I was in a committed relationship a number of years back where my then-partner and I decided to get some couples counseling. My partner was in business and scared to death that somebody would find out that we were seeing a therapist. In fact, when it was suggested that he might want to get some counseling on his own, he rejected it totally out of hand for fear of word getting out and affecting his reputation and hence his business. 
And as I explain in this video, it brings up for me how we see mental health in this culture and the stigma that goes with it. 

On this issue of how we describe “mental health,” I have another example that I want to share with you. A new client, let’s call him Barry, postponed our sessions before we even got started. He texted me and said, “I’m checking into a mental hospital and don’t know when I’ll be back.” And added, “This is where I belong.”

“This is where I belong.” ?

At first, I was curious because having done a client intake with him and was aware he wrestled with depression and some distressing family issues. And I knew he was looking forward to the emotional release sessions we were going to be doing. As a working professional, he liked what he did but was in the throes of despair and desperate to feel better. My curiosity turned to admiration.

I texted back, and said take good care of yourself and I’ll be here when you want to reengage. I’m sending my love.

When I think about the decision he made, I look at it as a very, very courageous decision to take care of himself. To boldly state: I’m checking into a mental hospital.

And this is where the courageous comes, maybe you’ve noticed, despite on-going awareness campaigns, our culture is very “mental health” phobic. It’s been that way forever. And I don’t know if it’s gotten much better. Well, it’s probably gotten better… but anything that has to do with mental health still, often gets an eye-roll.

In fact, mental health is almost a derogatory term in our culture. If a person’s mental health is compromised regardless of what it is, the subtext of that is that there’s something suspect with this person. Actually, there’s a wide spectrum of mental health issues and, truth be told, most anyone of us, somewhere and at some point in our life, probably would have benefited from some rest and rehabilitation in a mental hospital.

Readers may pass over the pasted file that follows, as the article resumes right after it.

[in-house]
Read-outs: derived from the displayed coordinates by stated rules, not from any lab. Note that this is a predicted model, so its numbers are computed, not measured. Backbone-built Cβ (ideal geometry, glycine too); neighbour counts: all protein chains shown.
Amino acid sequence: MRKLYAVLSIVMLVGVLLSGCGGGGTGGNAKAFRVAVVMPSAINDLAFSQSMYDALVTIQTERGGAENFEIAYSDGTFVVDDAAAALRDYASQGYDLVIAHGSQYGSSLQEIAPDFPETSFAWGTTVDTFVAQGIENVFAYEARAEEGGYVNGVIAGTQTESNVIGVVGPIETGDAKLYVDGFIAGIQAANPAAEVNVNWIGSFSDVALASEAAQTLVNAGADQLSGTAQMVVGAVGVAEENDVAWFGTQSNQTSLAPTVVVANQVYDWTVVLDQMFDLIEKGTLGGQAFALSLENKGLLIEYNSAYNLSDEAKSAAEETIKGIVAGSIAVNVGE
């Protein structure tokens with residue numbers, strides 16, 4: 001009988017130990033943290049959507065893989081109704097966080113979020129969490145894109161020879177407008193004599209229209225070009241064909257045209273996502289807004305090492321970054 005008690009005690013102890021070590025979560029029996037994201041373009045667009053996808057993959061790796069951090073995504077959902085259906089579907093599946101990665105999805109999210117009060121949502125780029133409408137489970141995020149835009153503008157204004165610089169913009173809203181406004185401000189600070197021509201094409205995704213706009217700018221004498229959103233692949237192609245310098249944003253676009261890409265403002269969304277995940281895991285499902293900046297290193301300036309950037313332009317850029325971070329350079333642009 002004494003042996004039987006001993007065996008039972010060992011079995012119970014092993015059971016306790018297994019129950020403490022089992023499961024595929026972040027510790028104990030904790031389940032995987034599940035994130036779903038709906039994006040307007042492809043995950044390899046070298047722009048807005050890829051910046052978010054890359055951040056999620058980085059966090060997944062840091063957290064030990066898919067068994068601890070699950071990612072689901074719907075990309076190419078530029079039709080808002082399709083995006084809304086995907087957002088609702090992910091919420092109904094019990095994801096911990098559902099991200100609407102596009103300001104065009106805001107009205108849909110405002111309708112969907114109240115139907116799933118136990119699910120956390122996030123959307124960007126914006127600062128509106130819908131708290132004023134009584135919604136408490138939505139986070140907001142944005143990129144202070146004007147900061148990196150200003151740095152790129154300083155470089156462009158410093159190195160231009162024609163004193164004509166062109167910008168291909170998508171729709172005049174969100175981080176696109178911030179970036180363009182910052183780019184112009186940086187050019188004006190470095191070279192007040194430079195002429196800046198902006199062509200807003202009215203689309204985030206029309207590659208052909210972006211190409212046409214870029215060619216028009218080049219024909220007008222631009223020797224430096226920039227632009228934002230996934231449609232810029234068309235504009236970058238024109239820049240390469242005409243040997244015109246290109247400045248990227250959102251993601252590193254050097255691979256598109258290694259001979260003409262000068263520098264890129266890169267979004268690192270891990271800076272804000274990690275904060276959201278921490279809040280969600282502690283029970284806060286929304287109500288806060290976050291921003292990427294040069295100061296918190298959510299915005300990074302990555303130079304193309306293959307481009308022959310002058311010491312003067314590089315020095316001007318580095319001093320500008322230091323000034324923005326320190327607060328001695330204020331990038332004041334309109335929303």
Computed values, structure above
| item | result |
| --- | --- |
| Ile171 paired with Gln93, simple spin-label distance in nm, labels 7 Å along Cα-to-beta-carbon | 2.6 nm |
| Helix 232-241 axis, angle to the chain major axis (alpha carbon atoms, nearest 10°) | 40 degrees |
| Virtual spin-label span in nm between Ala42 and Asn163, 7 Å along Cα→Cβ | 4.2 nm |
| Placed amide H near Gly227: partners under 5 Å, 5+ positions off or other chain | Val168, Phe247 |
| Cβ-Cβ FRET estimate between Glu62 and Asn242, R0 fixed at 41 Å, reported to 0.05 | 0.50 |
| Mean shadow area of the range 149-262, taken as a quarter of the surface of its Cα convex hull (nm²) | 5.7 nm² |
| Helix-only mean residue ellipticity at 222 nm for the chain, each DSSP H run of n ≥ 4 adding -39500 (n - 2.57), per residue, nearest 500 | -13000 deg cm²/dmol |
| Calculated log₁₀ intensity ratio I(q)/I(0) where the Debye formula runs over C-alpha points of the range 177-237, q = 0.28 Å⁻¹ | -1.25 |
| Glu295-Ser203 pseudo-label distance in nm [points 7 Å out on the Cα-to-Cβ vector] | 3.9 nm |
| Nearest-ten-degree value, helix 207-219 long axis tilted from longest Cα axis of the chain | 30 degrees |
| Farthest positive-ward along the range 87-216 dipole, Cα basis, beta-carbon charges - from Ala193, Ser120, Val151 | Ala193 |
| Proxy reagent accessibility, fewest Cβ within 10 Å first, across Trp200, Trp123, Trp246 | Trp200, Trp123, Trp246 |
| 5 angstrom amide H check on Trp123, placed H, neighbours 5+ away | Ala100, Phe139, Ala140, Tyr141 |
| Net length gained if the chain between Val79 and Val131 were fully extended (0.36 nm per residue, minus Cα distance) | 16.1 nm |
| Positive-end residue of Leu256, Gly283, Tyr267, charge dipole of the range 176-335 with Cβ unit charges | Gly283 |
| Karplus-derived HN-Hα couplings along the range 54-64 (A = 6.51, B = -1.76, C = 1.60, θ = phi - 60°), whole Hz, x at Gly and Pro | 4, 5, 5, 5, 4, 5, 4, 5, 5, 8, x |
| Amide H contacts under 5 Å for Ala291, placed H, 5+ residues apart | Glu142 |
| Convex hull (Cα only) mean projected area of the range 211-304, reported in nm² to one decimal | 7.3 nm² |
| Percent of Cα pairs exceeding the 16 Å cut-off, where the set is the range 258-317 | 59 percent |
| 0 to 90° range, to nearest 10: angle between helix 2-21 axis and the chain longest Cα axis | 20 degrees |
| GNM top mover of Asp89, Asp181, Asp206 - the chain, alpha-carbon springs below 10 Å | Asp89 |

But in our culture, having a mental health issue can be the equivalent of wearing a tin foil hat. And so that’s the prejudice to begin with.

And there’s nowhere this is seen more acutely than in the business world. Often, among driven professionals I work with, they don’t want to talk about anxiety or depression or sadness or anger. They describe what they’re going through as being under a lot of stress and pressure or overwhelm. Or often it’s, “I feel stuck.”

I find, as an emotions specialist, that these are generic terms where people can gloss over what’s really happening with them. For many, like my ex-partner, saying “I feel anxious, or I feel depressed,” raises fears that they’ll be labeled and marginalized.

Yet the term “stress” is actually a catch-all that’s a fairly generic and meaningless term – what it has going for it is that it’s a safe word that’s accepted by our culture. In fact, until a person hits a wall and is labeled with a “mental illness” diagnosis (and the meds that go with it) we’re pretty much encouraged to stumble along using this ambiguous catch-all term, “stress”.

We’ve all been trained to talk about stress. “I am so stressed” and “This stress is killing me.”

I do teach “Stress reduction” but it’s actually about learning to be in touch with what we’re actually feeling. Stress is an emotional reaction where there’s a sense of tension, it signals a rise in cortisol and adrenaline, a tightening of the body, a rise in heart rate.

But when we’re educated about emotions and in touch with what we’re feeling, these symptoms are all responses that occur in fear and anxiety, in self-doubt, depression, and often anger.

In fact, stress is usually a cocktail of emotions – but generally loaded with a lot of fear. “I’m afraid that I’m going to mess up,” “I am afraid that this thing I want to happen so badly, is not going to happen.” And it’s mostly fears about the future.

But we don’t want other people to see that we’re not as strong and stoic and equipped as we make ourselves out to be. So, the charade continues until we push ourselves to the limits and collapse OR we commit to taking a good look at ourselves and get to the bottom of what’s behind the stress …and start working to release it.

What’re your thoughts on the subject of “stress”, and mental health … do you see the stigma that I’m talking about? Maybe you’ve experienced it. Drop down to the comments section and let me know.

I’m Beach Williams and I want you to lead your most magnificent life and I want to help you do that.